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Induction Motor Wiring? Answered

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Hi,

I've recently bought a Clarke Induction Motor with these specs:

230V
1 Phase
2 h.p.
1.5 kW
1330 rpm
50 Hz
9.4 Amps

Capacitor Details:

50 micro Farads
450 V



I have been looking all over the internet on how to wire it up to go into 240V mains (UK) but I can't find a thing. In the terminal box there are 6 terminals labled V1, V2, U1, U2, W1, W2.

A brown wire connected to U2 and a blue wire connected to W2 lead off to the capacitor.  A red wire connected to V2 and a white wire also connected to W2 leads off into the motor. Another red wire connected to V1 and another white wire connected to W1 also lead off into the motor. Nothing is yet connected to U1.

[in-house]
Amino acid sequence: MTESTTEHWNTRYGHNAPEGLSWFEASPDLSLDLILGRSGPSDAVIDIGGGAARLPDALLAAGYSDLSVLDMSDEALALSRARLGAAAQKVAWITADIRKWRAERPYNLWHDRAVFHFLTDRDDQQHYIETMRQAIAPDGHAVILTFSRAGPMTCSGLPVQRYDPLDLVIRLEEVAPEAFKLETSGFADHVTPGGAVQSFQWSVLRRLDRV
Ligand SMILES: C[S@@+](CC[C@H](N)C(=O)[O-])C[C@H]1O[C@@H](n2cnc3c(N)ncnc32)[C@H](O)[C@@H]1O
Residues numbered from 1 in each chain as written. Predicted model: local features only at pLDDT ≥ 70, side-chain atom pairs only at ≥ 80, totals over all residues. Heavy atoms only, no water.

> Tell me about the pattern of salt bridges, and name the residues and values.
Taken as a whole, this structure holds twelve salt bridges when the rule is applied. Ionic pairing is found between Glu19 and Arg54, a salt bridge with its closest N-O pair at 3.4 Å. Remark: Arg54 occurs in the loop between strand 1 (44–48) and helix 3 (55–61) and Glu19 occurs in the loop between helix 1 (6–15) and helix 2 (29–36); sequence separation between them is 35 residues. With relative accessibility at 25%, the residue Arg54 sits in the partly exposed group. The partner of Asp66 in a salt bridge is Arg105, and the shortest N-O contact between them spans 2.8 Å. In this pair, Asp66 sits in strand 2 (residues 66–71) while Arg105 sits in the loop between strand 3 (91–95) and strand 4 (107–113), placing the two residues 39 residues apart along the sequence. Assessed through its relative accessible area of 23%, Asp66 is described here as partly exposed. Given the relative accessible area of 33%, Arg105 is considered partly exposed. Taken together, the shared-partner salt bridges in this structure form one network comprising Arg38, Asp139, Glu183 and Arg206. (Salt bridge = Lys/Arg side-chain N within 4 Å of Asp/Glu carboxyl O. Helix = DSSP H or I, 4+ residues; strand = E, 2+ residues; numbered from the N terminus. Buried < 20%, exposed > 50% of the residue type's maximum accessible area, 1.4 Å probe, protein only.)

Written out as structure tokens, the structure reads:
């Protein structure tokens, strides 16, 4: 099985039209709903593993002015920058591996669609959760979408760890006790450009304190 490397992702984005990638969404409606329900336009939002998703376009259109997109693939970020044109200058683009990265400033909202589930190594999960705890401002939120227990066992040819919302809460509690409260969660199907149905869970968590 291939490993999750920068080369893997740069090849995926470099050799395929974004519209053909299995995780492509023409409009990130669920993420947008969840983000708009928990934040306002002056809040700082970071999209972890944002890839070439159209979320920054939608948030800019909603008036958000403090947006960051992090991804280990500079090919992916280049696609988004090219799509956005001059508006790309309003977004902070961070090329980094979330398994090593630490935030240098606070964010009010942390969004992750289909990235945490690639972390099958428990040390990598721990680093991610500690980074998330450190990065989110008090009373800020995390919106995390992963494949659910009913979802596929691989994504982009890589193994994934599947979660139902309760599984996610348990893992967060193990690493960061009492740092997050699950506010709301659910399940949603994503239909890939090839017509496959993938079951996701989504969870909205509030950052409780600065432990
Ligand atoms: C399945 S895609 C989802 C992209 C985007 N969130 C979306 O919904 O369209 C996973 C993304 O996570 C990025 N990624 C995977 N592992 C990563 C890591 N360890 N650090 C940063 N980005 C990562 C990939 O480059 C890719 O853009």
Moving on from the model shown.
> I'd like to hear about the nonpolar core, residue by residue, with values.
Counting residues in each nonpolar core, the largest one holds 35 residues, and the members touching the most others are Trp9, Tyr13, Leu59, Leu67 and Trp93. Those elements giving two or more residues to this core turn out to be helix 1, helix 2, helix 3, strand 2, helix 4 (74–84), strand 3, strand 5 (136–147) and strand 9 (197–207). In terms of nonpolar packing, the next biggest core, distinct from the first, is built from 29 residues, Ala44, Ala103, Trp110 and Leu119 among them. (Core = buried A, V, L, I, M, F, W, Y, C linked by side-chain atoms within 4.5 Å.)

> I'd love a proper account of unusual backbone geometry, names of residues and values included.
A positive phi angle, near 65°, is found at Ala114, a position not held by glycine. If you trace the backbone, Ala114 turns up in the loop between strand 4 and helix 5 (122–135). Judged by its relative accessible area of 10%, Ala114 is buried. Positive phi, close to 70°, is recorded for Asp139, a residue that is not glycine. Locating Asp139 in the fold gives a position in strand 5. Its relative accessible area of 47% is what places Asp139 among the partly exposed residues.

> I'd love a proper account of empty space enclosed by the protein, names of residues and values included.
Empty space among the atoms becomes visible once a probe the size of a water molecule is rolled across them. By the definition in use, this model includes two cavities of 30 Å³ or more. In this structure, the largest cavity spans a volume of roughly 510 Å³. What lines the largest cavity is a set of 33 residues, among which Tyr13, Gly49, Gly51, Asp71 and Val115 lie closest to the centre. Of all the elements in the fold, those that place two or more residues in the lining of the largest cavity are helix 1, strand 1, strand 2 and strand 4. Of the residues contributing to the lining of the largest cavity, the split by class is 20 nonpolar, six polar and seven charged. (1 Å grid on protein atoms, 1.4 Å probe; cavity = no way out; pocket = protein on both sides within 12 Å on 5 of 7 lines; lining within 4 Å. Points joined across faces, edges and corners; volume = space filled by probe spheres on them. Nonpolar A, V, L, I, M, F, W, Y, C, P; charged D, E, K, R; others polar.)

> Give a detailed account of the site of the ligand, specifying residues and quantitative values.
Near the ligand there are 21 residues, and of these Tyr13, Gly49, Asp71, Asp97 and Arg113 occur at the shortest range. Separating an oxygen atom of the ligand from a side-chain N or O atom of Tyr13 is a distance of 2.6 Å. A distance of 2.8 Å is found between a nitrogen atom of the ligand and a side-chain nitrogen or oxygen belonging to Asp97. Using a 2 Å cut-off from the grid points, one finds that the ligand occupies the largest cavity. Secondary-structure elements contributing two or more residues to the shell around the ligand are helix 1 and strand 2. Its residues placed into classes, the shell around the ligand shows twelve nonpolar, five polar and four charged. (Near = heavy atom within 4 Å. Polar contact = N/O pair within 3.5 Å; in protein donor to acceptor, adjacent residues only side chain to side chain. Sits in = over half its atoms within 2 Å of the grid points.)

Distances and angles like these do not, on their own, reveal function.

Please see the pictures which make this a lot clearer.
(I have removed the capacitor from the blue catch for the photos)

I have looked all over the internet and there seems to be no mention of anything. I basicly need to plug this into mains (therefore 3 wires, live, neutral and earth - obviously earth goes to the motor casing) So which wires go where? Also, the website of the shop that I bought it off said that a 10-16 Amp starter is required. What does this mean/do? Can you just plug it into the mains without this starter.

It is probably obvious that I am somewhat of a rookie in motors!

Thanks very much in advance for any help!

29 Replies

user
OolongJ (author)2016-12-16

You can make a crude rotary phase converter using capacitors sized for the motor aswell. Gets expensive over a couple hp

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OolongJ (author)2016-12-16

Sorry. I meant Delta not Y

Type in 3 ph Y Delta wiring and look at the images.

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OolongJ (author)2016-12-16

6 terminals.